If you haven’t, it’s time to ditch the old school pen-and-paper approach and set a business goal to enter the digital accounting world, headfirst. Focus on being more tech-infused this year, and keep accounting security at the forefront of your mind.

Related: The Key Traits of Highly Effective Accountants

Expenses Tracked, Deductions Organized

While this is easier said than done for most, it’s definitely important no matter what your small business looks like. We all need to be prepared for tax time, so avoiding the last-minute scramble of sorting through expenses and deductions is a wise choice.

But once again, easier said than done, right? What goals should small businesses set in order to be more persistent with their accounting endeavors?

An article by QuickBooks hones in on several ways to refine tracking your business expenses with some useful tips. If you haven’t already, start by:

  • Creating a business bank account
  • Staying on top of your receipts
  • Using an online calendar to note your expenses as they occur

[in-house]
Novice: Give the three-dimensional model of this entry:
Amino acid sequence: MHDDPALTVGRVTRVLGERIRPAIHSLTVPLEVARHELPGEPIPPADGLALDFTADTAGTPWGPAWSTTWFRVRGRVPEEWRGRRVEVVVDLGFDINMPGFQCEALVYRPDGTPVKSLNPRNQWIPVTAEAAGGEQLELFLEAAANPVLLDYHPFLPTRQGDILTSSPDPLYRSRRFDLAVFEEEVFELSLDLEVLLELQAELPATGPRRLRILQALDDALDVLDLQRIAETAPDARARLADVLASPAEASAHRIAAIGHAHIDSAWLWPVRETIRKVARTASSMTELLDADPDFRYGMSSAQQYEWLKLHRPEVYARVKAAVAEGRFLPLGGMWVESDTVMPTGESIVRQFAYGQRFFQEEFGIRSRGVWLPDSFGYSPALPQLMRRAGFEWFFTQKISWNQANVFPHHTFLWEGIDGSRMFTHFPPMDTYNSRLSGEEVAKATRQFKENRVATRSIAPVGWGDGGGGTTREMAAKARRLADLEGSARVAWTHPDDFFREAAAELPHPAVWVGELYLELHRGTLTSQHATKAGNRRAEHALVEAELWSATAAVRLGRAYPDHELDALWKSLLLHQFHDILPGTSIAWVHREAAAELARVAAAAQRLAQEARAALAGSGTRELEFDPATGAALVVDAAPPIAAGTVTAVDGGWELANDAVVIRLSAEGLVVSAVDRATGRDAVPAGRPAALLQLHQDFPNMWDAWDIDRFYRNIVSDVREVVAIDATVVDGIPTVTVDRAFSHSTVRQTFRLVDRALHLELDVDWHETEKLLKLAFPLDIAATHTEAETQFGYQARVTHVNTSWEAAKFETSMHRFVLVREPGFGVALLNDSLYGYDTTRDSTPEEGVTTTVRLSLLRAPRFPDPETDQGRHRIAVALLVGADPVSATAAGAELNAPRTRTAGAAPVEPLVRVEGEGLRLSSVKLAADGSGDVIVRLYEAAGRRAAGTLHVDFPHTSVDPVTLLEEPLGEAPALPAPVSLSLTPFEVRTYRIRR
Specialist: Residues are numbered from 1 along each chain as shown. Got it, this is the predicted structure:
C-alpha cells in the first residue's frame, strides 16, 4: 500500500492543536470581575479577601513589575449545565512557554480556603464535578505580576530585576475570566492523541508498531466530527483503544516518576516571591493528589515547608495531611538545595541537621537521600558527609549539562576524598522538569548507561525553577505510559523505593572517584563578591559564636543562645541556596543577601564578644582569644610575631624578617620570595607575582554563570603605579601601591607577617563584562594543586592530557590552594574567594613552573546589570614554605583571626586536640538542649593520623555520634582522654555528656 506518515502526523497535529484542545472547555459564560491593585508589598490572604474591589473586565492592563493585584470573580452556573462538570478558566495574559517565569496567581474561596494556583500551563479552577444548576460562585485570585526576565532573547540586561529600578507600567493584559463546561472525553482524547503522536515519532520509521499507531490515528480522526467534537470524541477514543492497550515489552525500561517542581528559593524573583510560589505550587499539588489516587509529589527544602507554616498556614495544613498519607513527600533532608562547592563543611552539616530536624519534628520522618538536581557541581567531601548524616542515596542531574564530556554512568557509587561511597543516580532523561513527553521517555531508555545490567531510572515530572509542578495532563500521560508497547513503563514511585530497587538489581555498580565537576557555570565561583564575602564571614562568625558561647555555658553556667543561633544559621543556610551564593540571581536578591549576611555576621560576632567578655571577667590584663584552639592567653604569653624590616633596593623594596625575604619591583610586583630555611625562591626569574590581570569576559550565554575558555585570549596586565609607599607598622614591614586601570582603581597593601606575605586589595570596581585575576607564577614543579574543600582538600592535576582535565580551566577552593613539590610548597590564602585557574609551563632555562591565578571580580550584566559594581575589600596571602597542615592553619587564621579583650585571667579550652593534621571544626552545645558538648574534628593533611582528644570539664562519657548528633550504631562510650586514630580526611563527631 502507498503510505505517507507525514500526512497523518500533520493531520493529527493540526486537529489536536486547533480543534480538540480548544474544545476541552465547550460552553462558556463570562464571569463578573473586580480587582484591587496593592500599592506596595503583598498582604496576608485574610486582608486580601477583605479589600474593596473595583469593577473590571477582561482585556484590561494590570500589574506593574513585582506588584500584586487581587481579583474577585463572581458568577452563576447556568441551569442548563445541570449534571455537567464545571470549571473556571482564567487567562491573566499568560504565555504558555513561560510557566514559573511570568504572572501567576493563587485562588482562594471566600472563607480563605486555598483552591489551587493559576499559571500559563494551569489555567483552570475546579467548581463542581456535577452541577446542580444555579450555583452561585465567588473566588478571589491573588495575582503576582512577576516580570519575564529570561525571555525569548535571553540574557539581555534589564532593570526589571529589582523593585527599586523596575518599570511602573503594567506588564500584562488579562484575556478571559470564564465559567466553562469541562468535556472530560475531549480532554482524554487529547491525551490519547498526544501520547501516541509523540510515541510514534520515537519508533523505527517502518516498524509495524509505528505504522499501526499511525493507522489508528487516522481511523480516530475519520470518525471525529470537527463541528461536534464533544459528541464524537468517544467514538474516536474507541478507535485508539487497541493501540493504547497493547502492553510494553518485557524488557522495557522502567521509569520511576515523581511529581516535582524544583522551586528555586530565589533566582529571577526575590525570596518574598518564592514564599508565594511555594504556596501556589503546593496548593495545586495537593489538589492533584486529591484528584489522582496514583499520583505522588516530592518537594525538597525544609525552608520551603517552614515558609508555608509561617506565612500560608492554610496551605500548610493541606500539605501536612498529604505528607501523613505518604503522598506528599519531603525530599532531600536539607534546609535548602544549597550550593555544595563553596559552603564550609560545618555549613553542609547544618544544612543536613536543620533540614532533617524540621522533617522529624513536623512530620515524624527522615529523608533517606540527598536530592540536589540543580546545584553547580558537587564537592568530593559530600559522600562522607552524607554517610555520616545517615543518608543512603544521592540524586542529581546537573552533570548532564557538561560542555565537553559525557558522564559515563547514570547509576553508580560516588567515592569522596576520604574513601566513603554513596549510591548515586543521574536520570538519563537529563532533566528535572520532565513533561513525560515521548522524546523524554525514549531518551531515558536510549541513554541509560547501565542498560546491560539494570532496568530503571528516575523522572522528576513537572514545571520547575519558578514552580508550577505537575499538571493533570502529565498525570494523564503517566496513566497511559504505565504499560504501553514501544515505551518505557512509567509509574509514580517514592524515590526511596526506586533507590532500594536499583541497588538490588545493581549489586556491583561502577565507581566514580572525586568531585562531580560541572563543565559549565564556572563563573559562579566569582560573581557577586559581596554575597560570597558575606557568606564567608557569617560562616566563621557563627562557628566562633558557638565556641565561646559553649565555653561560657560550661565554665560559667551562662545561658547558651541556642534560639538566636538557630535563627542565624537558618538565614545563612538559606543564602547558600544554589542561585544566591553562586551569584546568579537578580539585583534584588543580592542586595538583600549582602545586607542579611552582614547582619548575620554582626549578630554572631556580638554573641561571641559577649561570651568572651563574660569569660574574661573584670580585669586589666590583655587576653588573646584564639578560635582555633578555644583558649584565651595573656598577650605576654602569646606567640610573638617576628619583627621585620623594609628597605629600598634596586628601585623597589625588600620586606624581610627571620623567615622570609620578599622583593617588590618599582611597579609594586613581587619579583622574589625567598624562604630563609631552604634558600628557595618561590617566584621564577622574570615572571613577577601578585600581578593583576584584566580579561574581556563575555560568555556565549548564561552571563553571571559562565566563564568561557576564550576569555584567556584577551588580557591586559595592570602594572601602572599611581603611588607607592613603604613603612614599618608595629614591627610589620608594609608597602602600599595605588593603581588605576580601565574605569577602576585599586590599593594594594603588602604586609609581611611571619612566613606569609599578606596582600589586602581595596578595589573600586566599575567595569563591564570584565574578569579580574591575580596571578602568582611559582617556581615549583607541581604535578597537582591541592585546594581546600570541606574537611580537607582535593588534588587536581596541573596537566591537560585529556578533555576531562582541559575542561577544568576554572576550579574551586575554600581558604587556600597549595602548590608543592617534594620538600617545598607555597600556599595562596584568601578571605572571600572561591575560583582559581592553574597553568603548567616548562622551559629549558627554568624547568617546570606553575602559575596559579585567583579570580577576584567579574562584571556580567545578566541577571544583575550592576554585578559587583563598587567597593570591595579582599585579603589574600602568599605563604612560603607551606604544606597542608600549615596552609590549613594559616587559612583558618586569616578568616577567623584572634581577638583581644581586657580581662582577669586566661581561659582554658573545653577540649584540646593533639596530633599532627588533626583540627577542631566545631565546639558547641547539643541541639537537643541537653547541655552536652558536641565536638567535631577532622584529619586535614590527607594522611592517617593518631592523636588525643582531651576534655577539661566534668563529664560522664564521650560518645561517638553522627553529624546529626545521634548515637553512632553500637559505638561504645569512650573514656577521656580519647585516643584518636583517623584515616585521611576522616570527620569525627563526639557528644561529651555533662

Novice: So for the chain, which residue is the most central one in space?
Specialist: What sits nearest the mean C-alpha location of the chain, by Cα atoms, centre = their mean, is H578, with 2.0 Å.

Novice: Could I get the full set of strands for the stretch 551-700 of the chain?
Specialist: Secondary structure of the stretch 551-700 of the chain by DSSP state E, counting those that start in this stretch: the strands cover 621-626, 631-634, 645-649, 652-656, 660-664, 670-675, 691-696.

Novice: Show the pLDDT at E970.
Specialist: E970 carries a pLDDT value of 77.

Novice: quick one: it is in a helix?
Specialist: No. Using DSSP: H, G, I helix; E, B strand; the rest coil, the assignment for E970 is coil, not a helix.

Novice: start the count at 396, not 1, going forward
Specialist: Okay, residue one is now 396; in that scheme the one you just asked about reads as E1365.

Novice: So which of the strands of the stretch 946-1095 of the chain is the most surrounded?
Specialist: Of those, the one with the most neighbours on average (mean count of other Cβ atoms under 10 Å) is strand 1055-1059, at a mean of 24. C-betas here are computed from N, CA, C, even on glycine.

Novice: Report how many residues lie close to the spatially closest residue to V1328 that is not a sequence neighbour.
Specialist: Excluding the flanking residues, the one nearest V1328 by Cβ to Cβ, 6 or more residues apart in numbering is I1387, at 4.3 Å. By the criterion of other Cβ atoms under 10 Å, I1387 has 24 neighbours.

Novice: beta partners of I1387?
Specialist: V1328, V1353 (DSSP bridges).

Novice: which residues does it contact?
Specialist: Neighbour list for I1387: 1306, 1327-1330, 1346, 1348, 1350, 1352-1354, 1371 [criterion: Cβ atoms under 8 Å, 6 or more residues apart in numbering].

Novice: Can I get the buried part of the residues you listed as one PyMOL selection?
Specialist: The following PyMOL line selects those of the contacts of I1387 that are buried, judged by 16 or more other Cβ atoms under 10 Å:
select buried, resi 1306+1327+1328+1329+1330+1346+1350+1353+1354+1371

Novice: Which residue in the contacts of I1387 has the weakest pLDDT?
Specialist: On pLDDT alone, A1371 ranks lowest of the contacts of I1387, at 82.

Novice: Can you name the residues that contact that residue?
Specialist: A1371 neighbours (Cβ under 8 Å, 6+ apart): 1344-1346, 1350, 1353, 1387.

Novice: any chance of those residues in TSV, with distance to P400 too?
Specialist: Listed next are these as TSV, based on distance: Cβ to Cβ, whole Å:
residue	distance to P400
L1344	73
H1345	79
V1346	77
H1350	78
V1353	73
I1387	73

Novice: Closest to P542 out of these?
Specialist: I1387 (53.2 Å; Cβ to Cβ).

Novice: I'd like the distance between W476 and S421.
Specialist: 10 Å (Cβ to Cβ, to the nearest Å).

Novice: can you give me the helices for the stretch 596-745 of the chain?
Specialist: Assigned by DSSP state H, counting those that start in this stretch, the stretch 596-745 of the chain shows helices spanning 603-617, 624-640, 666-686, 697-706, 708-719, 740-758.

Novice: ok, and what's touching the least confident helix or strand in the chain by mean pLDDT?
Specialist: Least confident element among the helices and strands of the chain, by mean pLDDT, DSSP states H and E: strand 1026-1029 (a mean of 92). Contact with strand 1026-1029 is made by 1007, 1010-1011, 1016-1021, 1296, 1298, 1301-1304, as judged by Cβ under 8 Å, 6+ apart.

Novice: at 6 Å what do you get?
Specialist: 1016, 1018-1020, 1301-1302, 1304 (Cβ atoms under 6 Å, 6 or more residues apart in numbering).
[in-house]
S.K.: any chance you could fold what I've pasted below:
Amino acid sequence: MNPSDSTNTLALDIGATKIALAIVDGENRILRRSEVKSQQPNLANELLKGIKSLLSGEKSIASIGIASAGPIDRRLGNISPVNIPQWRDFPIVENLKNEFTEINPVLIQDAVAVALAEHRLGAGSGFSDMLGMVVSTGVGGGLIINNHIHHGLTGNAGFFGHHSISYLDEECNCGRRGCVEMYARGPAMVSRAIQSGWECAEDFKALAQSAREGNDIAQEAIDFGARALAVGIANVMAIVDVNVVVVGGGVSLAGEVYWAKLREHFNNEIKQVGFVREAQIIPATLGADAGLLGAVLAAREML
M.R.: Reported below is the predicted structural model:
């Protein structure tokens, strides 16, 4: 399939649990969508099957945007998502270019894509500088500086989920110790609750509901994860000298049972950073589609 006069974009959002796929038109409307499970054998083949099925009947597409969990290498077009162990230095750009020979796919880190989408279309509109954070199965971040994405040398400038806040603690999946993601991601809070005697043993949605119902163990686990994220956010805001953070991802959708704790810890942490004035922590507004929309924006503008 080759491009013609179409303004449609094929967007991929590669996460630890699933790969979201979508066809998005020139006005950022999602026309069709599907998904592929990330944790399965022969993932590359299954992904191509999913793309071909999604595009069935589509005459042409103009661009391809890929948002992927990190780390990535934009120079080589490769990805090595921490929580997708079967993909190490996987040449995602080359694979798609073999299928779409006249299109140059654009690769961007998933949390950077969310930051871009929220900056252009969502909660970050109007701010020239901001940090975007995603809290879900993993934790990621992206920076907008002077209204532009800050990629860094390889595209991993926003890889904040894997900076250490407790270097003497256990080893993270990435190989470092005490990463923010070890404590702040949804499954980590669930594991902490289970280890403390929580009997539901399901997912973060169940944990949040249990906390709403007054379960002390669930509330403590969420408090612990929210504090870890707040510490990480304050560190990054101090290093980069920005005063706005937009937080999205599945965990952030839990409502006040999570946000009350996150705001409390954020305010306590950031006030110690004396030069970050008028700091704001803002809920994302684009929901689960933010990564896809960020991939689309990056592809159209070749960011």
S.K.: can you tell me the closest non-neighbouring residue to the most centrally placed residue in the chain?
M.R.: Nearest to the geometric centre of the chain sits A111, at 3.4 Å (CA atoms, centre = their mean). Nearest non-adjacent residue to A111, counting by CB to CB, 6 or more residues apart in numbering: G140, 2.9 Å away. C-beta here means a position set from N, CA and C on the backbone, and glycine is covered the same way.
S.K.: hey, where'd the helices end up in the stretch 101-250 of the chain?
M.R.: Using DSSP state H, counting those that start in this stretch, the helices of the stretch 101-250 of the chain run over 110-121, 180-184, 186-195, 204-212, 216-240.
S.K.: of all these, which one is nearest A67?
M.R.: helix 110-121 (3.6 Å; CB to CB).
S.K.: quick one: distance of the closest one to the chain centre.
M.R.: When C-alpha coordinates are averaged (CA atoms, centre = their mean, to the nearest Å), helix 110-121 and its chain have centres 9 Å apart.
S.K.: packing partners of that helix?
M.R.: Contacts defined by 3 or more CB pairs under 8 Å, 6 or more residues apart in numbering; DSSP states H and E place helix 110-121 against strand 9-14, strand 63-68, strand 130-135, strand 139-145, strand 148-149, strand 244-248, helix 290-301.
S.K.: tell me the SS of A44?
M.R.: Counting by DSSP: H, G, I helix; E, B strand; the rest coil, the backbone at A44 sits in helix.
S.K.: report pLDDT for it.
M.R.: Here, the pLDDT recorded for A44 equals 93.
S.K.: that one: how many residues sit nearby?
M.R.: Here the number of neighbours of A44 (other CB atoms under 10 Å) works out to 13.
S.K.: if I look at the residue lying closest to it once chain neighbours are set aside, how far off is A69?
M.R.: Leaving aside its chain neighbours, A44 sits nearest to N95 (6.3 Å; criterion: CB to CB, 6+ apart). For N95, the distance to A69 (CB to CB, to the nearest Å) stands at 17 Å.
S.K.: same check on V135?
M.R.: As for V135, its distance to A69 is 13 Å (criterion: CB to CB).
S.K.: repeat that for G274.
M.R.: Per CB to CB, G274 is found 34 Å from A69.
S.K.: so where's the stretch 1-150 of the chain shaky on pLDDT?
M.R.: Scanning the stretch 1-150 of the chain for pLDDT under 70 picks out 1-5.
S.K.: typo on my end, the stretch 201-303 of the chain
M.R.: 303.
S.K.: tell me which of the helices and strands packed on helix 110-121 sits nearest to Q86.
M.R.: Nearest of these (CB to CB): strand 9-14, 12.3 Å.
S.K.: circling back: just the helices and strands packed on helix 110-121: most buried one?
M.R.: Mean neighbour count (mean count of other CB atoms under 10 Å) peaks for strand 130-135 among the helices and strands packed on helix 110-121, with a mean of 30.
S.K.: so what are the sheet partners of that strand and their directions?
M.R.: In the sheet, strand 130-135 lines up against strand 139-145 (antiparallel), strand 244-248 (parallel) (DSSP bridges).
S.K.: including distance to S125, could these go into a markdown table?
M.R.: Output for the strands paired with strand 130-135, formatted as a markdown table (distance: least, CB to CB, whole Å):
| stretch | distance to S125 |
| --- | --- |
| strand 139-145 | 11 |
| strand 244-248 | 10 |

• Tracking and analyzing your business purchases through use of software
  • Hiring a bookkeeper if necessary

These are excellent jumping-off points that will allow you to further narrow your small business accounting goals.

While setting new financial goals you may find new ways to shave unnecessary costs from business budgets, but be sure not to cut necessary expenses in the process. Remain deliberate throughout this process.

If your small business doesn’t need an accounting overhaul just yet, you can make it a goal to stay as organized as possible all year.

Even Small Business Crave Big Data

Data science is something that has grown tremendously in the last decade. What used to be reserved to the biggest businesses with the largest budgets is now available to just about everyone with access to a smartphone.

As a graphic by University of Alabama Informations Systems puts it:

“The growth of the Internet, wireless networks, smartphones, social media, sensors, and other digital technology is fueling a big data revolution. Big data was the exclusive domain of statisticians and large corporations, but not anymore.”